Background: There are many factors hypothesized as contributing to overuse of percutaneous coronary intervention (PCI) in the United States, including financial ties between physicians and hospitals, but empirical data are lacking. We examined PCI indications in not-for-profit (NFP), major teaching, for-profit (FP), and physician-owned specialty hospitals. Methods: A retrospective cohort study of 1,113,554 patients who underwent PCI in 694 hospitals (NFP 471, teaching 131, FP 79, specialty 13) participating in the CathPCI Registry® between January 1, 2004, and December 31, 2007. Percutaneous coronary intervention indications derived from American College of Cardiology Guidelines were classified as survival benefit (patients with primary reperfusion for ST-elevation myocardial infarction), potential quality of life benefit (patients with non-ST-elevation myocardial infarction, acute coronary syndrome (ACS), positive stress test, or chest pain), or unclear indications (patients receiving PCI without an obvious potential survival or quality of life benefit). Results: The percentage of PCI performed for unclear indications was somewhat higher for specialty hospitals (5.1% of all procedures) as compared with other hospital categories (FP 4.7%, NFP 4.2%, major teaching 4.5%; P <.001). Overall, 17% of hospitals had ≥20% of their total PCI procedures performed for unclear indications, but the proportion of FP, NFP, major teaching, and specialty hospitals reaching this threshold was not statistically different (20%, 16%, 17%, and 15%, respectively; P =.84). Conclusions: A small proportion of PCI procedures were performed in patients with unclear indications, but there was wide variation across hospitals. On average, specialty hospitals performed more PCIs for unclear indications. Efforts to reduce variability should be pursued.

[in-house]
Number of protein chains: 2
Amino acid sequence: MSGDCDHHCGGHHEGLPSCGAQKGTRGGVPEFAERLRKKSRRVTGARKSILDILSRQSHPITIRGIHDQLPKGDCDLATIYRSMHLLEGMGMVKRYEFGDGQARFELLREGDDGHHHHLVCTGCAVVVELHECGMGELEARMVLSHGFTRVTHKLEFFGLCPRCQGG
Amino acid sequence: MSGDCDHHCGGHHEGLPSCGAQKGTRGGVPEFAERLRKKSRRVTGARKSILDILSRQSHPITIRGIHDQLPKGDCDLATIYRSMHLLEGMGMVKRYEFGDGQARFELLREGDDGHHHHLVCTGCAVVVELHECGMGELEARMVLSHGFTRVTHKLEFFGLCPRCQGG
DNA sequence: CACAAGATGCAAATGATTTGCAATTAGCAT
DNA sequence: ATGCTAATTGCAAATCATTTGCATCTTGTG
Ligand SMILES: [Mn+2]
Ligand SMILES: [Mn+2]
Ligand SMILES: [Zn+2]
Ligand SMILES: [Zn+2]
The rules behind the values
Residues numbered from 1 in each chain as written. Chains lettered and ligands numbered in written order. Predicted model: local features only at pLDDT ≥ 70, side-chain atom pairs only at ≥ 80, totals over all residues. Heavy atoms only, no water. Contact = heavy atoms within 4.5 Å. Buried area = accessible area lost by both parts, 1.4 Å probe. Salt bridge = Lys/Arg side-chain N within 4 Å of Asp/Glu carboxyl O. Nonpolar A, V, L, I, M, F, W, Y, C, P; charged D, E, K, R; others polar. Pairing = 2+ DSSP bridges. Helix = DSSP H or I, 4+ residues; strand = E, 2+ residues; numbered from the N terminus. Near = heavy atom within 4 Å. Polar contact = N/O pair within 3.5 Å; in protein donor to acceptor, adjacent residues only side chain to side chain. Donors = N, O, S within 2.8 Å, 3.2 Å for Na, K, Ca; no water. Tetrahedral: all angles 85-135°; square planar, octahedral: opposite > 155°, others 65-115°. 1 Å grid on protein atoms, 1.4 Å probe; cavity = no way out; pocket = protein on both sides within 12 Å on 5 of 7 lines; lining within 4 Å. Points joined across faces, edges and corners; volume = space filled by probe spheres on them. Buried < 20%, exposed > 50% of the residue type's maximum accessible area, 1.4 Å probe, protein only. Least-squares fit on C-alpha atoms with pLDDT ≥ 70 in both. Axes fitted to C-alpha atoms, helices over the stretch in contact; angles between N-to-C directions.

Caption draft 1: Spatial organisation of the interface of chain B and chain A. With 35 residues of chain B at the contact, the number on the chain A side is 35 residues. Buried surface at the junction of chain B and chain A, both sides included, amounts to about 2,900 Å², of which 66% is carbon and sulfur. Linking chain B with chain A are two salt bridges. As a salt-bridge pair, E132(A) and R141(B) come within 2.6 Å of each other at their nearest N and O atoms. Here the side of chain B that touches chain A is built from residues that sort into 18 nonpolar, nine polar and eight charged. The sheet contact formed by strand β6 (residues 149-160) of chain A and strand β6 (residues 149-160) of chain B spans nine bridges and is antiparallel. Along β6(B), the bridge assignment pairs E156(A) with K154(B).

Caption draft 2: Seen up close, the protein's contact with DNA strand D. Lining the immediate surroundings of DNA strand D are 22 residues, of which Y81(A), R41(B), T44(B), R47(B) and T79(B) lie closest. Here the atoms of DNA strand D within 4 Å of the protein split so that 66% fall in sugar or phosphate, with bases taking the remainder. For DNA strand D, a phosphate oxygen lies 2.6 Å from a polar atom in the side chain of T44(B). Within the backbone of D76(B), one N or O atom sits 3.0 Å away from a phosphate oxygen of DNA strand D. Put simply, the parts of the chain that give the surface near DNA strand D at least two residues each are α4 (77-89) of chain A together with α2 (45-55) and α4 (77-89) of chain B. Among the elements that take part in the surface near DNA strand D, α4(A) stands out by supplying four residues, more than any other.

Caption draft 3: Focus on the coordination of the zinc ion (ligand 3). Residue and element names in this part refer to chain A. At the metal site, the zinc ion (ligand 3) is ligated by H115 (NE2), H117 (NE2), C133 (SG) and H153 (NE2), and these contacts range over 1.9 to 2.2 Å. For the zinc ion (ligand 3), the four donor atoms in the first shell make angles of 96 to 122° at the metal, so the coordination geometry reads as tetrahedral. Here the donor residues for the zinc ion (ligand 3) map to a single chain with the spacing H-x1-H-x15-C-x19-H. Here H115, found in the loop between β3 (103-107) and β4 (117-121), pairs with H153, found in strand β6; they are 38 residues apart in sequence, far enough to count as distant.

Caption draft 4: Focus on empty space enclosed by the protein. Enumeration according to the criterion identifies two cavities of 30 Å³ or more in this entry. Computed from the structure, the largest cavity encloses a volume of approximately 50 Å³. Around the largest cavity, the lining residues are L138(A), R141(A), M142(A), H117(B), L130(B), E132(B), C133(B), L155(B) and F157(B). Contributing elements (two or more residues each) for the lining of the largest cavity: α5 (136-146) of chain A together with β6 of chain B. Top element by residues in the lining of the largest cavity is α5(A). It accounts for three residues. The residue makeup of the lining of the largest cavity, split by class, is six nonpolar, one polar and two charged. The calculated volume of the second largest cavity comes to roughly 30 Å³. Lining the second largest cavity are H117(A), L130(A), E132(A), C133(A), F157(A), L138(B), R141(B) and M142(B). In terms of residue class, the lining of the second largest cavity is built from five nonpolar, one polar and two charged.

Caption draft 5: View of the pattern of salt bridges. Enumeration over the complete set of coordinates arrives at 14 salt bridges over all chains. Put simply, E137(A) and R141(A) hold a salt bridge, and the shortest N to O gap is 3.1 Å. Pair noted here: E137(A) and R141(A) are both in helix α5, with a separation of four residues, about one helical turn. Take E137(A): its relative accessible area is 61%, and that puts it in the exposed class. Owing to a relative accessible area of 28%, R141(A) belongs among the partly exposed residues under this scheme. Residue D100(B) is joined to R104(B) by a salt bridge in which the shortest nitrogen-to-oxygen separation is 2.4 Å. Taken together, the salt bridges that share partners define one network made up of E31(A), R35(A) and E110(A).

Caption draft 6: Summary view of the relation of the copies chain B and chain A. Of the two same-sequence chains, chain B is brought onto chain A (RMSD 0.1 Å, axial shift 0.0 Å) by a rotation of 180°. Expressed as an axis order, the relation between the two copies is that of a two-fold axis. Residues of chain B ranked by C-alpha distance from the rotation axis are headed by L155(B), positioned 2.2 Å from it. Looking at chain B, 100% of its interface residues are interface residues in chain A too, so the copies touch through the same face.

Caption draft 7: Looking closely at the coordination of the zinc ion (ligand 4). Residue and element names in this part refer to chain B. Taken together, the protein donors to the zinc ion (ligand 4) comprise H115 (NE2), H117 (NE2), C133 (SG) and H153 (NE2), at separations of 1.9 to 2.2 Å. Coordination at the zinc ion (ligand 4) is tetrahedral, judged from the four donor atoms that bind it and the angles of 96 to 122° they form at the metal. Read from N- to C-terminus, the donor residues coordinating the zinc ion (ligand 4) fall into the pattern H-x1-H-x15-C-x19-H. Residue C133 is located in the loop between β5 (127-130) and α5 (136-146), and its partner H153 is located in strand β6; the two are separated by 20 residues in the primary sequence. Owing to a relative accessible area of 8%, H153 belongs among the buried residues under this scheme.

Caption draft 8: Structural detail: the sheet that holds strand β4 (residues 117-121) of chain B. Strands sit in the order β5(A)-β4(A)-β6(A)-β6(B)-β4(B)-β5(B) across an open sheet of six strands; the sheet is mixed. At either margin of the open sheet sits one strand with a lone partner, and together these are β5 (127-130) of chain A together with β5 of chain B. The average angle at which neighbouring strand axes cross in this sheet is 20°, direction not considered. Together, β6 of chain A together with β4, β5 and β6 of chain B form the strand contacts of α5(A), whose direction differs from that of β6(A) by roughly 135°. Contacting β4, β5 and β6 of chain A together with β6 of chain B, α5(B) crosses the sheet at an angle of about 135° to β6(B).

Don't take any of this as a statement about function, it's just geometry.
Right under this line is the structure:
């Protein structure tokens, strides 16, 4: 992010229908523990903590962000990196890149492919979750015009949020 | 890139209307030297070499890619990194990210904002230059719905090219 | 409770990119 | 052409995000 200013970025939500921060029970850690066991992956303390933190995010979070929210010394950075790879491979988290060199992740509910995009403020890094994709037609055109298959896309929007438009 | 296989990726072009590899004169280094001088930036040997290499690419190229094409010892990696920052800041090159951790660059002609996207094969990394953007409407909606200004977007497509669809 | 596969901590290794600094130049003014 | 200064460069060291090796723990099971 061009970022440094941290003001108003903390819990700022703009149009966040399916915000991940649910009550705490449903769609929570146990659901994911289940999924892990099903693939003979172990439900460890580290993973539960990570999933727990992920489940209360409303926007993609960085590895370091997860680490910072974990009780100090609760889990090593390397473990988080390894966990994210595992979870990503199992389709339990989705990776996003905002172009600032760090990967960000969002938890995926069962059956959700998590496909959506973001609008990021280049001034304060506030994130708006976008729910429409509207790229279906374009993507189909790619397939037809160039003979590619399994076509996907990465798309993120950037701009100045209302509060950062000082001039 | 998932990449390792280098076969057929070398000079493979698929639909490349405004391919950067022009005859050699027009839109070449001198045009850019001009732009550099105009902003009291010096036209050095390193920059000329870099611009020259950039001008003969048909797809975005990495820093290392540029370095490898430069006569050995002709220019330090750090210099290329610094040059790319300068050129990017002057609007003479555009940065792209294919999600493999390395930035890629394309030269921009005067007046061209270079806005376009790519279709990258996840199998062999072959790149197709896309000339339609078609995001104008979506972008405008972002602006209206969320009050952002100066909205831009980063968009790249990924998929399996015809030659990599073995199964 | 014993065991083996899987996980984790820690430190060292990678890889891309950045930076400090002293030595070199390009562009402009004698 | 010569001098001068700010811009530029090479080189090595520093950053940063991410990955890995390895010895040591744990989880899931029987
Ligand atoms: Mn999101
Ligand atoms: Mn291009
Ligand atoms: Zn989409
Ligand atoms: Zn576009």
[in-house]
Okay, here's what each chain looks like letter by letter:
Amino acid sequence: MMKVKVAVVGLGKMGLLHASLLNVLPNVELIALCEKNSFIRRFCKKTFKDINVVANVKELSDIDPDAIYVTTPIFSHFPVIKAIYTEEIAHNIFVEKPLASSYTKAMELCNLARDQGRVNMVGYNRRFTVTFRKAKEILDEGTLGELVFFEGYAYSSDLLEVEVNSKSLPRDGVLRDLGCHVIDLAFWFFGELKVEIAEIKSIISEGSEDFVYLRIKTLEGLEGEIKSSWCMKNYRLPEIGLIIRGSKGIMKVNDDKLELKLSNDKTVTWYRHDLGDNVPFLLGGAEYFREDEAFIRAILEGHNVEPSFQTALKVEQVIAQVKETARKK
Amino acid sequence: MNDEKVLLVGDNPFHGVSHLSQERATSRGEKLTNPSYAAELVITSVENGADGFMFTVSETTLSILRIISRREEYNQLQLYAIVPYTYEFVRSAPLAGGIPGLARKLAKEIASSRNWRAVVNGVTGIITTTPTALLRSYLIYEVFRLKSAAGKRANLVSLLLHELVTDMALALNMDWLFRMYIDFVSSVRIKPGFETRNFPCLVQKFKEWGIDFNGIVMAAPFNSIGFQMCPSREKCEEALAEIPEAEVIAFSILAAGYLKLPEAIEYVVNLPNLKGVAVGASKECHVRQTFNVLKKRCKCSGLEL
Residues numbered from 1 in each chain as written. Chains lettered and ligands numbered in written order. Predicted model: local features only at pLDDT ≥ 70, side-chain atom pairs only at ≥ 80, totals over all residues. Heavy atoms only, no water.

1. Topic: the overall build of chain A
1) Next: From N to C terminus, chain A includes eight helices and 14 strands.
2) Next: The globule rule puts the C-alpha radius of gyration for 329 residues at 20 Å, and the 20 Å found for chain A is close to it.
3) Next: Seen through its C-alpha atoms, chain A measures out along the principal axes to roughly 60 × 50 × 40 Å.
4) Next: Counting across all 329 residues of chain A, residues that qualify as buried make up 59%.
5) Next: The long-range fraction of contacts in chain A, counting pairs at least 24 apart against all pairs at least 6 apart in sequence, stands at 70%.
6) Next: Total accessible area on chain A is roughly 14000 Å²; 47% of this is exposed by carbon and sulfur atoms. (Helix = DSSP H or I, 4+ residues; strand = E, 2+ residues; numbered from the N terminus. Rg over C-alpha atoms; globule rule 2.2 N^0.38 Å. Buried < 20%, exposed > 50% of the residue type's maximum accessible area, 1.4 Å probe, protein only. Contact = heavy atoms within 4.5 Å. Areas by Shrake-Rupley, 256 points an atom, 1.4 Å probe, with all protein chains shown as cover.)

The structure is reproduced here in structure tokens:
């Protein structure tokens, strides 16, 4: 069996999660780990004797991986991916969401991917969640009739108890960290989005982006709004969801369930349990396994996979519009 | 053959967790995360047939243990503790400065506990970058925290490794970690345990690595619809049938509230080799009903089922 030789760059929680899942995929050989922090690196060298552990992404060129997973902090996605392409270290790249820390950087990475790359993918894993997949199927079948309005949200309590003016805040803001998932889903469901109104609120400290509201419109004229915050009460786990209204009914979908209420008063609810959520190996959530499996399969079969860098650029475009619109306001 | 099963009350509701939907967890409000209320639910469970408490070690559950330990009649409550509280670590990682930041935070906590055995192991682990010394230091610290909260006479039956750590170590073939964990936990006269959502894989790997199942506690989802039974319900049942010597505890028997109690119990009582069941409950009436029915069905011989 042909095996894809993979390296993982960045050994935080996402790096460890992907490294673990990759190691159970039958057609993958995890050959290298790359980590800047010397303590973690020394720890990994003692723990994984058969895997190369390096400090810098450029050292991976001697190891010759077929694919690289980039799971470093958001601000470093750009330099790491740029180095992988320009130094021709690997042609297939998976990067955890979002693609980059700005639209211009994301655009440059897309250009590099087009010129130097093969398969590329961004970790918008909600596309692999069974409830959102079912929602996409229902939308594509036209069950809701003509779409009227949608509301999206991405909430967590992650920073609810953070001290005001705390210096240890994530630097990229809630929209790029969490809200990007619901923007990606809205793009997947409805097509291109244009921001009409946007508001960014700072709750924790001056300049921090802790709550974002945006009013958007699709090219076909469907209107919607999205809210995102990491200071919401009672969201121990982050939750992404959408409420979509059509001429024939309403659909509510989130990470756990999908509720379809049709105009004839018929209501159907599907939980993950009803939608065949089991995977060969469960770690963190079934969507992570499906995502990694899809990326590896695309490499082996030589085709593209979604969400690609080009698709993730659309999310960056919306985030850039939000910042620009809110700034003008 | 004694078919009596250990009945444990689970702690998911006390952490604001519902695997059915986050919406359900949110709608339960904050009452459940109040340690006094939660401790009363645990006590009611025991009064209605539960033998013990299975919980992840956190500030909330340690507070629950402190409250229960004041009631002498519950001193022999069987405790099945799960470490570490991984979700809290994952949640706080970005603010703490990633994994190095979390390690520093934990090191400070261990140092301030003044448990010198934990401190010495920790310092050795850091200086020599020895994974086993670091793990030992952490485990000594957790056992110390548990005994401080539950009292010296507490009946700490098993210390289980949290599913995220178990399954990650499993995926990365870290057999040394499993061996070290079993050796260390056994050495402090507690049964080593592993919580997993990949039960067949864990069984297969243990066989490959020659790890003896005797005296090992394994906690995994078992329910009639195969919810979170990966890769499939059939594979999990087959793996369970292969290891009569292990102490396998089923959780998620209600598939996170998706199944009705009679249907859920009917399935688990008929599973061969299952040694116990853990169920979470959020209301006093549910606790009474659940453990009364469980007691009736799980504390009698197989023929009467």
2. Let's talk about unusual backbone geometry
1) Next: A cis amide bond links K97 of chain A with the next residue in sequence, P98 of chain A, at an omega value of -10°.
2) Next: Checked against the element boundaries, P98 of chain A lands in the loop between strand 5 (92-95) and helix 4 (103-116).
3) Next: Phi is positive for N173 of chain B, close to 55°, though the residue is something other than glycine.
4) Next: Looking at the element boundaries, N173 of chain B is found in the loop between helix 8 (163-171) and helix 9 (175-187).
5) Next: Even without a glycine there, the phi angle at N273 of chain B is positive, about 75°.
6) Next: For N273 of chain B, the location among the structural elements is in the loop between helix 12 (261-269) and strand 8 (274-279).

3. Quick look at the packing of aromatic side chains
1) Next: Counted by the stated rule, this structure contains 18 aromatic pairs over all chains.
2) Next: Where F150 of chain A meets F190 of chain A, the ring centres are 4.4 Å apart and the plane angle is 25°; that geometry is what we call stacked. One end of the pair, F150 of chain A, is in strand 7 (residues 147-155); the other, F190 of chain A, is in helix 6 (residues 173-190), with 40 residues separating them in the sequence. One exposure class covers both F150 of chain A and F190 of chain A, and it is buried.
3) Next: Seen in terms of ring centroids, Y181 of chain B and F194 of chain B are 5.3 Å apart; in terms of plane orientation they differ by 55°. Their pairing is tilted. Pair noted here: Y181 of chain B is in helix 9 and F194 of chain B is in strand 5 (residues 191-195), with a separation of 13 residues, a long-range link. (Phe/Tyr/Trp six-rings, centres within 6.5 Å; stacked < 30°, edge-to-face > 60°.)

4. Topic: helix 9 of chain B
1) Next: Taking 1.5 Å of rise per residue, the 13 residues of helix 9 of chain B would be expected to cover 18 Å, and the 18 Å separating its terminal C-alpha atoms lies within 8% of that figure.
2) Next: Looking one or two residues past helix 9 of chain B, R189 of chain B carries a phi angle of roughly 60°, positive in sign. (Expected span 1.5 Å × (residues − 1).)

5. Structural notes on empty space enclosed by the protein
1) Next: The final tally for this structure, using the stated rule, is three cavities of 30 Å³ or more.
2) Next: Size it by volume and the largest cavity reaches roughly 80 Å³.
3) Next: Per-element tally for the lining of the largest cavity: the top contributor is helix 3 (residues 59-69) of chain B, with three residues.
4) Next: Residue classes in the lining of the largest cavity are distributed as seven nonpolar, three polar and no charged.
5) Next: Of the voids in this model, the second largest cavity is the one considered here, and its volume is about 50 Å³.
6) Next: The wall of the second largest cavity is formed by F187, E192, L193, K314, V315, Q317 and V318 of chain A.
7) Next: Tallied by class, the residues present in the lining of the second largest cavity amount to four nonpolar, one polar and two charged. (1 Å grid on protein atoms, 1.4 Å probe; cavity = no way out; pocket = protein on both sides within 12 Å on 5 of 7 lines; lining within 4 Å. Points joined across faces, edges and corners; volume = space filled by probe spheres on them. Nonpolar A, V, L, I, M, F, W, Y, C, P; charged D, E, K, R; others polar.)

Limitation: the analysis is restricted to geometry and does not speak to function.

ASJC Scopus subject areas
- Cardiology and Cardiovascular Medicine